1935, Thompson's fifteenth Oz novel, exactly one more than L. Frank Baum had written, not counting short stories, picture books, or anything in the expanded universe. Twenty-nine Oz books (or twenty-eight, since Reilly & Lee didn't count The Wonderful Wizard of Oz, since they didn't publish it), two authors. Thompson felt her well of ideas for Oz stories was running dry, and she felt Reilly & Lee weren't doing enough to promote the Oz series. This led her to suggest that this Oz book should be the final one.
The Wishing Horse of Oz opens in the kingdom of Skampavia, across the Deadly Desert. King Skamperoo obtains some magic emerald necklaces that grant him the wish for a horse, who happens to talk and is named Chalk. He says he's from Oz, and Skamperoo decides he'll take over Oz.
In Oz, however, a grand celebration is getting underway to celebrate Dorothy and the Wizard "discovering" Oz, with virtually every character from the previous twenty-eight Oz books attending. At the banquet, the Soldier with the Green Whiskers' beard suddenly turns red. Some fear it may be a forewarning of danger. Dorothy swallows a wishing pill (the Wizard seems to have an improved recipe) and wishes that regardless of what happens, she will be able to save Oz and Ozma.
The next morning, Dorothy is surprised to find Ozma, the Wizard, Glinda, Jinnicky the Red Jinn, and every other ruler of any part of Oz and magic worker, gone. No one else notices, and a strange king, Skamperoo, is on the throne. The only person who can help Dorothy is Pigasus. Due to his psychic power of making his rider a poet, he too can remember Ozma when Dorothy rides him. Dorothy realizes they will have to look outside of Oz for help.
They head to the Winkie County, because Dorothy thinks of asking Kaliko or the King of Ev for help. They come across the Black Forest, where everything is jet black. Even worse, Dorothy and Pigasus become black as well and are caught by the Black Watch, who work for Gloma the Witch. Gloma was a witch who retreated to these woods when Dorothy killed the Wicked Witches, so Ozma is completely unknown to Gloma. Fearing that Dorothy may be trying to do her in next, Gloma uses magic to try Dorothy and Pigasus, but they manage to survive. Seeing she is bested, Gloma surrenders to Dorothy, but Dorothy assures her she wishes her no harm. Gloma is able to send the two across the Deadly Desert, removes the blacking, and gives Dorothy a box with a magic powder to create a square mile of total blackness.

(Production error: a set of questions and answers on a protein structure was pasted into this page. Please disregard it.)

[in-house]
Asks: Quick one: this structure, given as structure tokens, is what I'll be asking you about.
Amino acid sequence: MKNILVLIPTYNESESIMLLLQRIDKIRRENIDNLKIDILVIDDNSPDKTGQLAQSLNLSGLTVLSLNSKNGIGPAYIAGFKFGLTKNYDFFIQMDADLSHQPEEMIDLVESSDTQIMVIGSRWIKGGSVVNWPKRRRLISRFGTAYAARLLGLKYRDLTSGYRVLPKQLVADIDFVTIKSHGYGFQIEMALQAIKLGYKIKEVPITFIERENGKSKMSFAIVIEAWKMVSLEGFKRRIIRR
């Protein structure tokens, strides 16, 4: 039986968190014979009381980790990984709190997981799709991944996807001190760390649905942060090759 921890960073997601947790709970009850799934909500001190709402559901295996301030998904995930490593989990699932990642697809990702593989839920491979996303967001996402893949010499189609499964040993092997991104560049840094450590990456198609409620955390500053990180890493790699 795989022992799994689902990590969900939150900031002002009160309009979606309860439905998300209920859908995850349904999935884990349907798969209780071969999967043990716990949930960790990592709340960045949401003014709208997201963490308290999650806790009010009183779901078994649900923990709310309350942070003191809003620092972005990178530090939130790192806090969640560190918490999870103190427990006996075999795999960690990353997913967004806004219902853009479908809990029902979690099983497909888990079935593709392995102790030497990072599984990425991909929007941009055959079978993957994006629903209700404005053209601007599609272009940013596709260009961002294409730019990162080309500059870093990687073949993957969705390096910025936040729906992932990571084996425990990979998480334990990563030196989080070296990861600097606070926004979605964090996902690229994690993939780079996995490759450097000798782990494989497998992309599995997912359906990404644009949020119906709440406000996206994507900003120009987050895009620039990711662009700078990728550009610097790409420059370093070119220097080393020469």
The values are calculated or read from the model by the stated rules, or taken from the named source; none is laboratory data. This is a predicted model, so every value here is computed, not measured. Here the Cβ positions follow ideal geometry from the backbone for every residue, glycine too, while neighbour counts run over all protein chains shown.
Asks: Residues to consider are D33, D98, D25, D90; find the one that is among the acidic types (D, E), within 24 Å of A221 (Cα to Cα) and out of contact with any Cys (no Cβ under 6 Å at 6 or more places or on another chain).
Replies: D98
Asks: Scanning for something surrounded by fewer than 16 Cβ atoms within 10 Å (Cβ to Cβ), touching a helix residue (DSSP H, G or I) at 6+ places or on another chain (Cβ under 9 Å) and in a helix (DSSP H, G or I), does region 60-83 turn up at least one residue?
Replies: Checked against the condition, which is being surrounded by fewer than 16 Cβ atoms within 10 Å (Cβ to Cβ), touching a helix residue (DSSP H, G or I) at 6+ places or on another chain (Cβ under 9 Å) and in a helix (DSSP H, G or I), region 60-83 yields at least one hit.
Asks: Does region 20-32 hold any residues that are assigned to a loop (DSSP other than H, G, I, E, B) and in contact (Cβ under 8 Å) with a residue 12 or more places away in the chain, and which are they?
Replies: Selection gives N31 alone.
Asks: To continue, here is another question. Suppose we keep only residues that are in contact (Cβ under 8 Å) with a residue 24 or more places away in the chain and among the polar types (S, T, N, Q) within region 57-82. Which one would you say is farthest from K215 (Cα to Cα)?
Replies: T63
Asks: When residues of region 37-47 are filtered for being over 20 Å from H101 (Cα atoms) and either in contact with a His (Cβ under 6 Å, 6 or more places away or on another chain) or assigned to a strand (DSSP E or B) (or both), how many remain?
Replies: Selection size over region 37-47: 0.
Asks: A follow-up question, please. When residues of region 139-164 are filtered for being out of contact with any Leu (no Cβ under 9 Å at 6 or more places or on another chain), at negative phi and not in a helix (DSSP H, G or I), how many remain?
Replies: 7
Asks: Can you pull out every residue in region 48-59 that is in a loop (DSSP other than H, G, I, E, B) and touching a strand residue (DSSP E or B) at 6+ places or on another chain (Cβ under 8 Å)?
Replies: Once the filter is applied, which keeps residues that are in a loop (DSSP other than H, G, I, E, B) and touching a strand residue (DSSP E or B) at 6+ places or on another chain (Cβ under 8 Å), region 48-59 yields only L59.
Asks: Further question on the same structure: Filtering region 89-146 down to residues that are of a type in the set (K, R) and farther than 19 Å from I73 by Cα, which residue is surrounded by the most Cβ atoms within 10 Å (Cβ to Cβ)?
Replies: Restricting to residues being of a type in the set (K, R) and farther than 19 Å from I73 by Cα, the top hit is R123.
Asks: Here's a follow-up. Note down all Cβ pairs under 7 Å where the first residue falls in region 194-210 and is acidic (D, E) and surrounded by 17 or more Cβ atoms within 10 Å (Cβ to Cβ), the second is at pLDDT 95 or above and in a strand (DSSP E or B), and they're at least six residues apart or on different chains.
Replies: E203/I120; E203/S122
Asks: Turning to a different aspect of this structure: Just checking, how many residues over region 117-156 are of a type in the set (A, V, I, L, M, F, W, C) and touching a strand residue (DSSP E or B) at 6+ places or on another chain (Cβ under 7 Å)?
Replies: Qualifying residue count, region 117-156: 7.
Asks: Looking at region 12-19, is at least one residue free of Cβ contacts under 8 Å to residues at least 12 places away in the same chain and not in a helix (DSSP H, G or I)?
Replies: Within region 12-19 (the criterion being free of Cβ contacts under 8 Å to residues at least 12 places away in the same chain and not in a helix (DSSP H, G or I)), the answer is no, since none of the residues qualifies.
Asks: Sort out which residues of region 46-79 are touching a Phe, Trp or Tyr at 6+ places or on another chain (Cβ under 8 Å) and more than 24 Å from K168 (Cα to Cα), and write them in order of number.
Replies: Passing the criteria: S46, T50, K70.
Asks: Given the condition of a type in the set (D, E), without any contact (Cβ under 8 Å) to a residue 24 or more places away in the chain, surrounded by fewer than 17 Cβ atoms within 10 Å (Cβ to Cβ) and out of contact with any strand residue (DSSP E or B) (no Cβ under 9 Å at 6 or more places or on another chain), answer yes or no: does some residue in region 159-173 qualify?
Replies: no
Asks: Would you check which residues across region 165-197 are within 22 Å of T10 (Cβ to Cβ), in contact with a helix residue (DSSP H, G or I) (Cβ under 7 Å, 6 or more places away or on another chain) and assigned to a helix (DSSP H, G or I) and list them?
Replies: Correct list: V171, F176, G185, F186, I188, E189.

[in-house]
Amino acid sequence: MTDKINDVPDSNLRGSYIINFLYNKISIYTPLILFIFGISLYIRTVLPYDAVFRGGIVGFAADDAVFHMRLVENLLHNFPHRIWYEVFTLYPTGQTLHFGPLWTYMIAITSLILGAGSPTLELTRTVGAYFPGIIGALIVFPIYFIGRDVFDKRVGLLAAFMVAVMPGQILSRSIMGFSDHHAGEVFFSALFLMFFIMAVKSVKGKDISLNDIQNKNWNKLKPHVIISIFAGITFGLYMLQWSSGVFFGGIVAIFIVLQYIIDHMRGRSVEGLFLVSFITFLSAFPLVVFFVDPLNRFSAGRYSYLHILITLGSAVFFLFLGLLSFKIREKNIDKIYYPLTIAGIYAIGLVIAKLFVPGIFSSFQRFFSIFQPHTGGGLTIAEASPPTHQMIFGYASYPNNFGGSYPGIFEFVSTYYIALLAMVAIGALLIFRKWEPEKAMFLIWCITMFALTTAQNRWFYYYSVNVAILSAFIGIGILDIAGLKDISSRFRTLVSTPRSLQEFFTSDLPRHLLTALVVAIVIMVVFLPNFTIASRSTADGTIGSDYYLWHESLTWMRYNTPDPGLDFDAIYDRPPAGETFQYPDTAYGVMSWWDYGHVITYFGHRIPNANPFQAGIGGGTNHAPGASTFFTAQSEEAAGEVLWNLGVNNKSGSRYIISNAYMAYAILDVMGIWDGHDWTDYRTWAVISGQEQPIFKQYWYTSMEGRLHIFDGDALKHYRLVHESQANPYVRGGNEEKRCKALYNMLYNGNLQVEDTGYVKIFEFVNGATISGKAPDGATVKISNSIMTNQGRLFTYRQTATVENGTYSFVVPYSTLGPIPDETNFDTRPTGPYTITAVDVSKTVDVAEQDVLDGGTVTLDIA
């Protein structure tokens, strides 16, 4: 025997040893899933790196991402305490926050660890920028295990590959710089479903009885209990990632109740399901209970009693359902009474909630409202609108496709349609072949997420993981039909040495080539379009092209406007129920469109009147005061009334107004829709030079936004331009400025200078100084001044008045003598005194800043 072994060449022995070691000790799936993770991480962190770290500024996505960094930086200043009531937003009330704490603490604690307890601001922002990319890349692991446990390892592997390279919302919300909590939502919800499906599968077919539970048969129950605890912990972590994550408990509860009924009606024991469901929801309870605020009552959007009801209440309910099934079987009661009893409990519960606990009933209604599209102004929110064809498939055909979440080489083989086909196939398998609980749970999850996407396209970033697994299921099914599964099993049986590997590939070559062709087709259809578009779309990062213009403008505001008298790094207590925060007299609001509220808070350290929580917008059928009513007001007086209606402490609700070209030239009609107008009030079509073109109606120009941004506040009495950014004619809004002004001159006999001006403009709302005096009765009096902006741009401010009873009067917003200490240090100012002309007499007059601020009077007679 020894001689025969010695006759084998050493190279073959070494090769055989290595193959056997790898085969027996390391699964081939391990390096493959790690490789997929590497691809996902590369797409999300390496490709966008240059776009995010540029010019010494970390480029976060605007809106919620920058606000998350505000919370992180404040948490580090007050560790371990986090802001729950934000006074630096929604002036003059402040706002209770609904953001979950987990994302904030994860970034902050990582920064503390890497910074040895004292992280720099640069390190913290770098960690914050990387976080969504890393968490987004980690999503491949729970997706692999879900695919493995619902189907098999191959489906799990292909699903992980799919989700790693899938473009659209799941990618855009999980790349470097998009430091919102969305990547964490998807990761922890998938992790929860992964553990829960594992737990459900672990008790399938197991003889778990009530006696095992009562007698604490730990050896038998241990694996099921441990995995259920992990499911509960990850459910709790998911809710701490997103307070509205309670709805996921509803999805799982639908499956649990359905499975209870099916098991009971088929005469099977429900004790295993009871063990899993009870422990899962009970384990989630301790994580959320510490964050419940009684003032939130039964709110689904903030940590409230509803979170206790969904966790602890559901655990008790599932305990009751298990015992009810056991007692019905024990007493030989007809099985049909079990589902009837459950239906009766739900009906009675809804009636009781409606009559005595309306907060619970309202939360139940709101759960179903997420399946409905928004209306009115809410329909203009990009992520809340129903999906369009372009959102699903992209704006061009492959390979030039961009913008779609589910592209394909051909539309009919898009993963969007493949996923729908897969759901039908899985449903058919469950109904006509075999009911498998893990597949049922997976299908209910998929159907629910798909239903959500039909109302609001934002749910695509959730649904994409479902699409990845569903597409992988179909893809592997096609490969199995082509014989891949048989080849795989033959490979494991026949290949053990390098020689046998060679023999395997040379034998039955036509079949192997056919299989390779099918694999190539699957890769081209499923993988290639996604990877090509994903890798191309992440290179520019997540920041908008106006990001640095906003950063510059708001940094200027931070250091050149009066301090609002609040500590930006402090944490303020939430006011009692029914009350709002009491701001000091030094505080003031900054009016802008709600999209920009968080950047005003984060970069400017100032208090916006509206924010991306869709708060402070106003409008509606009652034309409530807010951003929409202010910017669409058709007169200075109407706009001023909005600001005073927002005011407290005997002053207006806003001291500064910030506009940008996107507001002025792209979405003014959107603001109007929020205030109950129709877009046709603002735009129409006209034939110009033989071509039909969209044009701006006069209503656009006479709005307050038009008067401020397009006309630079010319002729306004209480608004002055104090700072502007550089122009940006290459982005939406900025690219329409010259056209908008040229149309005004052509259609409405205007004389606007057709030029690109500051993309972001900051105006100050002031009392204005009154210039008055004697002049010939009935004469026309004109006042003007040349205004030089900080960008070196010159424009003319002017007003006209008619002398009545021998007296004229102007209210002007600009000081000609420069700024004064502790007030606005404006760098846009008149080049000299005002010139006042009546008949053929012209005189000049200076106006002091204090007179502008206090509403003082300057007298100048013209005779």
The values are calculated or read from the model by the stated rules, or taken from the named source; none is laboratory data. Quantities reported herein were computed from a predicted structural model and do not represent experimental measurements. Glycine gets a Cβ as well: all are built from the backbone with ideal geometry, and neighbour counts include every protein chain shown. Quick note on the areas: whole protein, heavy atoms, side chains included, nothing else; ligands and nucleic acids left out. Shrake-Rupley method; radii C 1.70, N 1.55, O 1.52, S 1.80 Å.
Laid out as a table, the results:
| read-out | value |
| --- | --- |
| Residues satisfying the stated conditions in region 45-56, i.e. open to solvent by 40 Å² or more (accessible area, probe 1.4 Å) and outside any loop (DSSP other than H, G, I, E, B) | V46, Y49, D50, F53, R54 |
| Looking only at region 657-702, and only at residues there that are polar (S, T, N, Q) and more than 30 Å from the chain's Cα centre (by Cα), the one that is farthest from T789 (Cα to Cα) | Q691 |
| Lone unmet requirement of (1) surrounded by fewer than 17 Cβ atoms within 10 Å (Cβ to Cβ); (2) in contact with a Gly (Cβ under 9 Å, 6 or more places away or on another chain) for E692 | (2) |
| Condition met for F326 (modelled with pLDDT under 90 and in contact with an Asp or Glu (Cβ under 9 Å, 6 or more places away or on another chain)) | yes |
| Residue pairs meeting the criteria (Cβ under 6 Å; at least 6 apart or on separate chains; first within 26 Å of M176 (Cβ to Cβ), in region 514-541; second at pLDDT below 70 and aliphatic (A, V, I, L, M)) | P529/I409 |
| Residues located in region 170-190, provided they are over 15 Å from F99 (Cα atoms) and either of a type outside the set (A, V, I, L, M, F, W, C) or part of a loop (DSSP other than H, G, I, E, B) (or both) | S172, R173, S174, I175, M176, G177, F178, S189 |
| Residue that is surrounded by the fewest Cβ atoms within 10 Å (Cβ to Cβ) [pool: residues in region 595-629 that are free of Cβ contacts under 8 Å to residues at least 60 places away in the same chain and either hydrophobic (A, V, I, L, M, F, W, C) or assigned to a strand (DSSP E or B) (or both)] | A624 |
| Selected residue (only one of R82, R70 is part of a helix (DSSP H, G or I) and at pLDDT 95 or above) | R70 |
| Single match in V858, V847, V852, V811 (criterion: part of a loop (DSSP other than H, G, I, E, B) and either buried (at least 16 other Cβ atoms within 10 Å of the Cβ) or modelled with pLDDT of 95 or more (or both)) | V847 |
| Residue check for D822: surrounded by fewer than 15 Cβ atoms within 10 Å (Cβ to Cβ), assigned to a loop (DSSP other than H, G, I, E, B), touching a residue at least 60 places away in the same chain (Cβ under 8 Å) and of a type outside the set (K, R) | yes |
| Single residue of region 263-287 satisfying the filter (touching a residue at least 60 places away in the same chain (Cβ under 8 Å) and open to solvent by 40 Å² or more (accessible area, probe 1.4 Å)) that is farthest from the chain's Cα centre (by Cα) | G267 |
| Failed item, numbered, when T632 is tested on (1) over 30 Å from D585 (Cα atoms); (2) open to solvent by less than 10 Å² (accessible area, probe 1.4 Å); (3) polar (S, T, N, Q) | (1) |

They visit Kaliko first. He's frustrated at Dorothy's visit, and would prefer that Ozma stay missing. But he offers what aid he can spare. He discovers Ozma and the missing people on the top of Thunder Mountain, a place where no one has returned safely or escaped from. He also tells Dorothy that he'll send his army if she can enlist another to help conquer Skamperoo. He also gives Dorothy a box of stumbling blocks.
So, wait, Dorothy and Pigasus are on a mighty errand, and are armed with magic weapons, and have a promise for help? This sounds like it could really be Thompson's best yet!
As Dorothy and Pigasus head to the Nonestic Ocean, they find Bitty Bit, the Seer of Some Summit, who, in his completely elastic tower, sees what happened, and takes them back to Oz, where, using the magic weapons and cleverness, they subdue Skamperoo and Chalk. They restore Ozma and Skamperoo is allowed five wishes when he returns to Skampavia. So, all is right again Oz very quickly...
Back in Skampavia, the wishes are turned over to Pinny Penny, Skamperoo's wise prime minister, who uses them for the good of Skampavia: that Skamperoo may be wise and generous, that Skampavia may become rich and prosperous, that the climate and soil would improve, and then, Chalk makes a wish that the three may never be separated, and they may live long. Chalk is added in the final wish.
To me, The Wishing Horse of Oz felt rushed at the end, forcing Thompson to bring in a deus ex machina in the form of Bitty Bit. Thompson had proved she had a great imagination, so I'm sure she would have delivered a different ending, provided the time to work it out. The original edition features numerous errors, suggesting a quick, sloppy editing job as well. It is also noteworthy that this was the last Oz book by Reilly & Lee to feature color plates.
Certainly, the book is not without redeeming qualities, such as the fascinating character of Gloma, a Good Witch of the West (Eric Shanower's The Blue Witch of Oz identifies her as such). It would be worthwhile to revisit her character. Bitty Bit, the deus ex machina that he is, also seems ripe for further expansion, but sadly, these two never re-surface in the Famous Forty.
So, while The Wishing Horse of Oz may be the most exciting build up to a deus ex machina that I've ever read, it is one of Thompson's better books. I just wish she could have fleshed out the ending.
Now, even though Thompson suggested that this should be her last book, would it be?